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Alderman Felicity Purchase, the City’s Mayoral Committee Member for Transport, visited the sites in Atlantis and Blaauwberg where the Department of Transport is implementing cycle and walking lanes.

‘Non-motorised transport is a valuable component of the transport system. Many residents walk to their destinations, and by providing lanes for walking and cycling, we contribute to their safety. Also, the City is encouraging residents to walk or cycle to their destinations, especially if these are close by, and when practical. I am pleased with the progress made so far and I foresee that this project will be completed within the scheduled time,’ said the City’s Mayoral Committee Member for Transport, Alderman Felicity Purchase.

The project commenced in May 2019. Work currently underway includes the construction of new non-motorised transport facilities in the Atlantis and the Blaauwberg North areas, as well as along Birkenhead Drive in Melkbosstrand.

Atlantis

To date, work has been completed in the following areas:

  • Tsitsikamma Road
  • Waltham Road
  • Wakefield Road
  • Brenton Road
  • Windsor Road
  • Witfontein Road
  • Wittenbos Road

The walkways along Montreal Drive and Athens Road are still under construction.

Work is still to be done in the following areas:

  • Curlew Street
  • Aventine Lane
  • Starling Road
  • Sampson Road
  • Addison Street
  • Adriatic Avenue
  • At the informal trading area at Westfleur Circle

Blaauwberg North

Completed sections in Parklands include walk and cycle ways next to the road with an average width of 1,5m so that cyclists and pedestrians can share the space:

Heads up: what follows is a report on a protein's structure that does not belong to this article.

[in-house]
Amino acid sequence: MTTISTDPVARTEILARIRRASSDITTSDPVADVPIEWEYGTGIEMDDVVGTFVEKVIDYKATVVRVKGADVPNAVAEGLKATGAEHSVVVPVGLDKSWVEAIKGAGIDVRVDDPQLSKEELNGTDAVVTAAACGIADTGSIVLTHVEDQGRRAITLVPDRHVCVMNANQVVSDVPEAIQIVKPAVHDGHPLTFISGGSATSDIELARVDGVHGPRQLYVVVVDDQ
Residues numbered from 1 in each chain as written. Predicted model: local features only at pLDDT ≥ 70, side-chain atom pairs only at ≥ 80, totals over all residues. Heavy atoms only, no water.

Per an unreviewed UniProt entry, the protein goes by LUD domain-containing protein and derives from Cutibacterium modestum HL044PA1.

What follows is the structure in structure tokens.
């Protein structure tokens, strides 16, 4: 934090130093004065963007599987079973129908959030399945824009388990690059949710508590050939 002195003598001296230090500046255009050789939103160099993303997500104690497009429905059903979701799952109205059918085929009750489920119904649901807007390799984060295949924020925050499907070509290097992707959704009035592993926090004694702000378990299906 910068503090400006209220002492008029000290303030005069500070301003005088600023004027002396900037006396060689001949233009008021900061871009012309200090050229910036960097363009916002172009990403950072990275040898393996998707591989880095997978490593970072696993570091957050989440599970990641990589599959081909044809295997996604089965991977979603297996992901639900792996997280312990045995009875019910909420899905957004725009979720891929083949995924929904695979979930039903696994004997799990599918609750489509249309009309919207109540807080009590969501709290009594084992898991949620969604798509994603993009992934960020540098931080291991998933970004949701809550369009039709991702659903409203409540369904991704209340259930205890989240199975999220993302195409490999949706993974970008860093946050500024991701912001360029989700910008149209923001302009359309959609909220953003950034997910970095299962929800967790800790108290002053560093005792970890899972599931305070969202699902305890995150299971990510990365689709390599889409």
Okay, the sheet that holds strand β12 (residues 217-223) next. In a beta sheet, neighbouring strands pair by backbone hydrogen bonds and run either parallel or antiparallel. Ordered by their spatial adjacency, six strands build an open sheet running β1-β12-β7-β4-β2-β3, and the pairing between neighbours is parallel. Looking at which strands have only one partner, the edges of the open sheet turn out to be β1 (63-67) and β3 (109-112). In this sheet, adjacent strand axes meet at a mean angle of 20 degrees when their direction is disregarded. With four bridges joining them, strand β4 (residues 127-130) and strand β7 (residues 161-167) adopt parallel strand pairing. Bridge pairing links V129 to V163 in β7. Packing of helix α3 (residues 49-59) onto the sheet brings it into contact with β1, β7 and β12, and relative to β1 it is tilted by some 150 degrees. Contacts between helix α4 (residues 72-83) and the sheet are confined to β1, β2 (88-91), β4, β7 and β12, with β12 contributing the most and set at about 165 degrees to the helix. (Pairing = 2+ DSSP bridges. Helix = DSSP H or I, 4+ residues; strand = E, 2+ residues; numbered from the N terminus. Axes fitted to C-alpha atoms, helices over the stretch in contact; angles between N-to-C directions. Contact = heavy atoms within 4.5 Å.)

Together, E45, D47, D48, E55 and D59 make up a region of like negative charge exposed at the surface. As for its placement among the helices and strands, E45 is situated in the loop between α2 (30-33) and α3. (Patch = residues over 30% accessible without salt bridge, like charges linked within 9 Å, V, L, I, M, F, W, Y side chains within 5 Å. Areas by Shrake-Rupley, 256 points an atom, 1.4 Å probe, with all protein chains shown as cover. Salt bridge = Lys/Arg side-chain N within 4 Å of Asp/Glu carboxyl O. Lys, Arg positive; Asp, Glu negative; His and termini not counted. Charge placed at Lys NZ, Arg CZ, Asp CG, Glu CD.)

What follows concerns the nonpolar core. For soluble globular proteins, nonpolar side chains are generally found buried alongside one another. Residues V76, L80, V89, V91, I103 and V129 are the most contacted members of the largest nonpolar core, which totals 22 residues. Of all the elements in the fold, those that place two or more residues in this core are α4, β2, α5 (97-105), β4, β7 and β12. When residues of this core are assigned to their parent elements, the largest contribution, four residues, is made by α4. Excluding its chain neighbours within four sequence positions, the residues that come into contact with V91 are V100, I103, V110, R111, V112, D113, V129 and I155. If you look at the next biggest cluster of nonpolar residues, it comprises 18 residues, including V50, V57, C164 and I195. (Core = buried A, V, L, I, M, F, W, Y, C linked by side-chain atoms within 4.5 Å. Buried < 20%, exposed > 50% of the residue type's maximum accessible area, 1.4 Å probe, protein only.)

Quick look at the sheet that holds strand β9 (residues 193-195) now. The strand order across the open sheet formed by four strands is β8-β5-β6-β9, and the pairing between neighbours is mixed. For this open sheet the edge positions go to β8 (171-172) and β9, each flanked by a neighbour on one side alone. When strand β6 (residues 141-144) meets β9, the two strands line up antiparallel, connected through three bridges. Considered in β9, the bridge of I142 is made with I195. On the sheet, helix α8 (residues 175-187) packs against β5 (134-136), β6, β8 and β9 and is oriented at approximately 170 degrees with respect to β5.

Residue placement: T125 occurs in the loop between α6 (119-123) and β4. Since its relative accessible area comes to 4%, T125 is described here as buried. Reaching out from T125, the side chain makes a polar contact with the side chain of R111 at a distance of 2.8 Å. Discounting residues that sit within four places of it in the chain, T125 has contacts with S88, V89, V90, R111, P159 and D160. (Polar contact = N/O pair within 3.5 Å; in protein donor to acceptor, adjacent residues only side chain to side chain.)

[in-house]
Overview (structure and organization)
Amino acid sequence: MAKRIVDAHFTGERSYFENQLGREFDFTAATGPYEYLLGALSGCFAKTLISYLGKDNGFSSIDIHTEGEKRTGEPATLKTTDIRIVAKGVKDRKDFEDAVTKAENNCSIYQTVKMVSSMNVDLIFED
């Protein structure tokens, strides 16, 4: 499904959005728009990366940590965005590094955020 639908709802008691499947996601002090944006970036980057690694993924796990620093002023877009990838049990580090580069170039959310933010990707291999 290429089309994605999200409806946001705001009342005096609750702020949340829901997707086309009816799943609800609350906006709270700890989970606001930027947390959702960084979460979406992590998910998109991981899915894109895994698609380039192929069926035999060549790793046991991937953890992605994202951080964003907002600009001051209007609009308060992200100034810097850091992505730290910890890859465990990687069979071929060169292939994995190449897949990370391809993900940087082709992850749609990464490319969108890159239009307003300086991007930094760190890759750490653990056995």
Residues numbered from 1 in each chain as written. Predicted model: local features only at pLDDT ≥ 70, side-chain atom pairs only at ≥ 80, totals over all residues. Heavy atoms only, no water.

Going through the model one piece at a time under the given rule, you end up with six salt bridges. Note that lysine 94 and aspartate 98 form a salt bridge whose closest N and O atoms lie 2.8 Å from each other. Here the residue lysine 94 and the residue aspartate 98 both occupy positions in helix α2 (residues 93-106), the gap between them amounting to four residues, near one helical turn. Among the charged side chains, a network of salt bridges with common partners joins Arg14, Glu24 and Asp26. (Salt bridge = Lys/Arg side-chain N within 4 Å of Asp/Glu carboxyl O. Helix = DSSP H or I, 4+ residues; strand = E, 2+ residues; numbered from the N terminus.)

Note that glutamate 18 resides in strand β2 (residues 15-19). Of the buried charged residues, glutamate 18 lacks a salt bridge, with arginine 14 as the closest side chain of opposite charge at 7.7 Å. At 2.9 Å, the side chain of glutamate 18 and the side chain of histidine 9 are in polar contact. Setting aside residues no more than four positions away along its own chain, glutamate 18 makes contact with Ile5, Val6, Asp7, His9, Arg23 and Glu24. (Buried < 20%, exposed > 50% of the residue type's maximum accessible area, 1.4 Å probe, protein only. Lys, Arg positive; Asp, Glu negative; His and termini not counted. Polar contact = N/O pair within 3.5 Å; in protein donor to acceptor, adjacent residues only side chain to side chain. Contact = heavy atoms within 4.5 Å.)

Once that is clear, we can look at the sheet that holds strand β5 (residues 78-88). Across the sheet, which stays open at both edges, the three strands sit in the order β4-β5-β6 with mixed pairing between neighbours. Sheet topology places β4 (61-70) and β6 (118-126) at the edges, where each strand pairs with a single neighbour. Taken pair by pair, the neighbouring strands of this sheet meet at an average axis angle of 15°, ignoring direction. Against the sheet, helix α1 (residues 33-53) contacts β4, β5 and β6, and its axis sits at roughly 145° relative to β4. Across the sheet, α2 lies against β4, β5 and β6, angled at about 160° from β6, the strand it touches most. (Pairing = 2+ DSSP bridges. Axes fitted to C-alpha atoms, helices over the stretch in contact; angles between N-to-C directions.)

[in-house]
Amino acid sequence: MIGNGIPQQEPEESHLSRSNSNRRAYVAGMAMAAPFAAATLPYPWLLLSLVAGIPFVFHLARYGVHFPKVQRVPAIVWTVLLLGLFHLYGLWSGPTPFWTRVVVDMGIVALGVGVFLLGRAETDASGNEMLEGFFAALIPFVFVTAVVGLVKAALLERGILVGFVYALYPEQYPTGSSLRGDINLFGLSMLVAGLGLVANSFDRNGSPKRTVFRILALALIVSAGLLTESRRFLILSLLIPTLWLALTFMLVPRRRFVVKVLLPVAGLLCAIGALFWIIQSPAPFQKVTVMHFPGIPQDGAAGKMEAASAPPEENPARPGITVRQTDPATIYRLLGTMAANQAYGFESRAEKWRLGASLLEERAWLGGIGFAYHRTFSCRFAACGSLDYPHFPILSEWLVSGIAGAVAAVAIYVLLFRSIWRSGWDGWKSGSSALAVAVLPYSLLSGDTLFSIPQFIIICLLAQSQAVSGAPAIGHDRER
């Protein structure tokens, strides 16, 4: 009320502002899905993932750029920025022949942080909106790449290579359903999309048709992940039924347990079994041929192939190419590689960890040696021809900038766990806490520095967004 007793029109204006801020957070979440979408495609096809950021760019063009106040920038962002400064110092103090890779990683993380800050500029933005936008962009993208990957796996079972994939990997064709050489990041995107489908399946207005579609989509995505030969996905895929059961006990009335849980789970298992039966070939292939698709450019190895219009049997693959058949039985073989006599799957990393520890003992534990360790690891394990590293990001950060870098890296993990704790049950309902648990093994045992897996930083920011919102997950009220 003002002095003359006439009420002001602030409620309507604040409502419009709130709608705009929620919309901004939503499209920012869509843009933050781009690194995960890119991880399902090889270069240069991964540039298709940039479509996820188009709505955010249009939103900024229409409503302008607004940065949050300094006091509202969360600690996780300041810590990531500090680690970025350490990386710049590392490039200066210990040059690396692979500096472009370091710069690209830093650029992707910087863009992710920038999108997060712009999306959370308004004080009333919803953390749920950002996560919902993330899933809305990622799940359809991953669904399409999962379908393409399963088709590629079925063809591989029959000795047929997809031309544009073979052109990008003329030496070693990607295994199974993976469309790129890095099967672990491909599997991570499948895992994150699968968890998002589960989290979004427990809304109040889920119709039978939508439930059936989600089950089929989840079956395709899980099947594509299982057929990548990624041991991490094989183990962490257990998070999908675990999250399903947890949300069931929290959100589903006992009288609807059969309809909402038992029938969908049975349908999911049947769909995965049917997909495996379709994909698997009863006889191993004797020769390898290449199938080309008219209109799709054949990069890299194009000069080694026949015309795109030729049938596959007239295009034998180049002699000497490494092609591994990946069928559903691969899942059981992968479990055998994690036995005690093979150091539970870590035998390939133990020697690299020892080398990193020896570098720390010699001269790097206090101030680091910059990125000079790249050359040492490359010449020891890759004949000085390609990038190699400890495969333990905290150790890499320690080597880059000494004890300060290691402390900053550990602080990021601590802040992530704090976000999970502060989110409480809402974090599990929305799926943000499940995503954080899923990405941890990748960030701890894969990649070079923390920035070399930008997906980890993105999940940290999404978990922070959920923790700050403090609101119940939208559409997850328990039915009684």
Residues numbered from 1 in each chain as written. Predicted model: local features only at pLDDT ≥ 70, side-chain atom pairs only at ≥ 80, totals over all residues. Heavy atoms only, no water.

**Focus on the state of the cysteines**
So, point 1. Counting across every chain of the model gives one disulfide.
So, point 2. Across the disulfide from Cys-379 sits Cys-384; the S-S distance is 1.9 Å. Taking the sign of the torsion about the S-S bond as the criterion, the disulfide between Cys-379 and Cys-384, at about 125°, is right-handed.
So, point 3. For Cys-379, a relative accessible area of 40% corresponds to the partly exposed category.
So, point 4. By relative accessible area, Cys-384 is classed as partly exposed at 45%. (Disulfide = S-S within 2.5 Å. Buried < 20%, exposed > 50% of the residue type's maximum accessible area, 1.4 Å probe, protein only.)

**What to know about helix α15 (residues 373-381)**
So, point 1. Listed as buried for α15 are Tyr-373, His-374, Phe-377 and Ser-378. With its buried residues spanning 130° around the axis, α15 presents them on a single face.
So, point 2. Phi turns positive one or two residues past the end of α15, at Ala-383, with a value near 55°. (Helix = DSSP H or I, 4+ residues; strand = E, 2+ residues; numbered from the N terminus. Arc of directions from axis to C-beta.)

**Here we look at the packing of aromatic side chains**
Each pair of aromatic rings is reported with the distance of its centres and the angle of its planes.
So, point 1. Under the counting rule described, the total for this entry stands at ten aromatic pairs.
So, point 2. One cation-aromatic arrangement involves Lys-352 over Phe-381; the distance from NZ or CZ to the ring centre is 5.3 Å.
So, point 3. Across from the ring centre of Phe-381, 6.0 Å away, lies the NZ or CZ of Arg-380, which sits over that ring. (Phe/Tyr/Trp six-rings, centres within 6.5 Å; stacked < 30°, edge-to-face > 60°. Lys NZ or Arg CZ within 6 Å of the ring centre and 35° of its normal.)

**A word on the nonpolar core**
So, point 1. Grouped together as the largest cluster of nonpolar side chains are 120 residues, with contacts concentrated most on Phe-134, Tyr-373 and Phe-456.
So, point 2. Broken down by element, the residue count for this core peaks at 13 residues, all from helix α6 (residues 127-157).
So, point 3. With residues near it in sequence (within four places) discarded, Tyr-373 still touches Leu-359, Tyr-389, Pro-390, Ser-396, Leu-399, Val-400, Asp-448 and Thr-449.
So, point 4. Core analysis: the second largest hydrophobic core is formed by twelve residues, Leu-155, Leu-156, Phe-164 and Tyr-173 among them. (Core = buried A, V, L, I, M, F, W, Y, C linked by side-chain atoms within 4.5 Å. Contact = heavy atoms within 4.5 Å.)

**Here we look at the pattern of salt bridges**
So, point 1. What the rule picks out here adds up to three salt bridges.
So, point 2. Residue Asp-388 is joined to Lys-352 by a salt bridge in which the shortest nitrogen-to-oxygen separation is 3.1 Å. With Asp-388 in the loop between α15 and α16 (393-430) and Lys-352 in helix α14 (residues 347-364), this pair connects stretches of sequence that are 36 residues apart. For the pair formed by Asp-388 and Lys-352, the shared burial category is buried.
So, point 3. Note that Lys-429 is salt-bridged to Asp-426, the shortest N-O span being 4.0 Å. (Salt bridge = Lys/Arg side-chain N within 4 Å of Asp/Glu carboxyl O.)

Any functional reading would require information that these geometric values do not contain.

• Gie Road
  • Wood Drive
  • Dorchester Drive

At the moment, work has commenced on Ringwood Drive and Birkenhead Drive. Humewood Drive will follow.

‘I want to add that non-motorised transport is an integral part of the City’s integrated transport network plan and is aimed at improving the safety of our most vulnerable road users, chief among them those who walk or cycle to their destinations, or make use of the roads for recreational activities. The walkways and cycle lanes are also accessible to those with special needs – for example, the work includes dropped kerbs, tactile paving, intersections and crossing points, as well as the repositioning of street furniture like bins and signage.

‘By providing this much-needed infrastructure, we create conditions that are conducive for and will encourage road users to substitute their private vehicles for NMT where practical, or to walk or cycle to public transport modes. NMT is a legitimate and essential form of transport in cities across the world and Cape Town is no exception, given the rapid rate of urbanisation and the challenge we have with traffic congestion,’ said Alderman Purchase.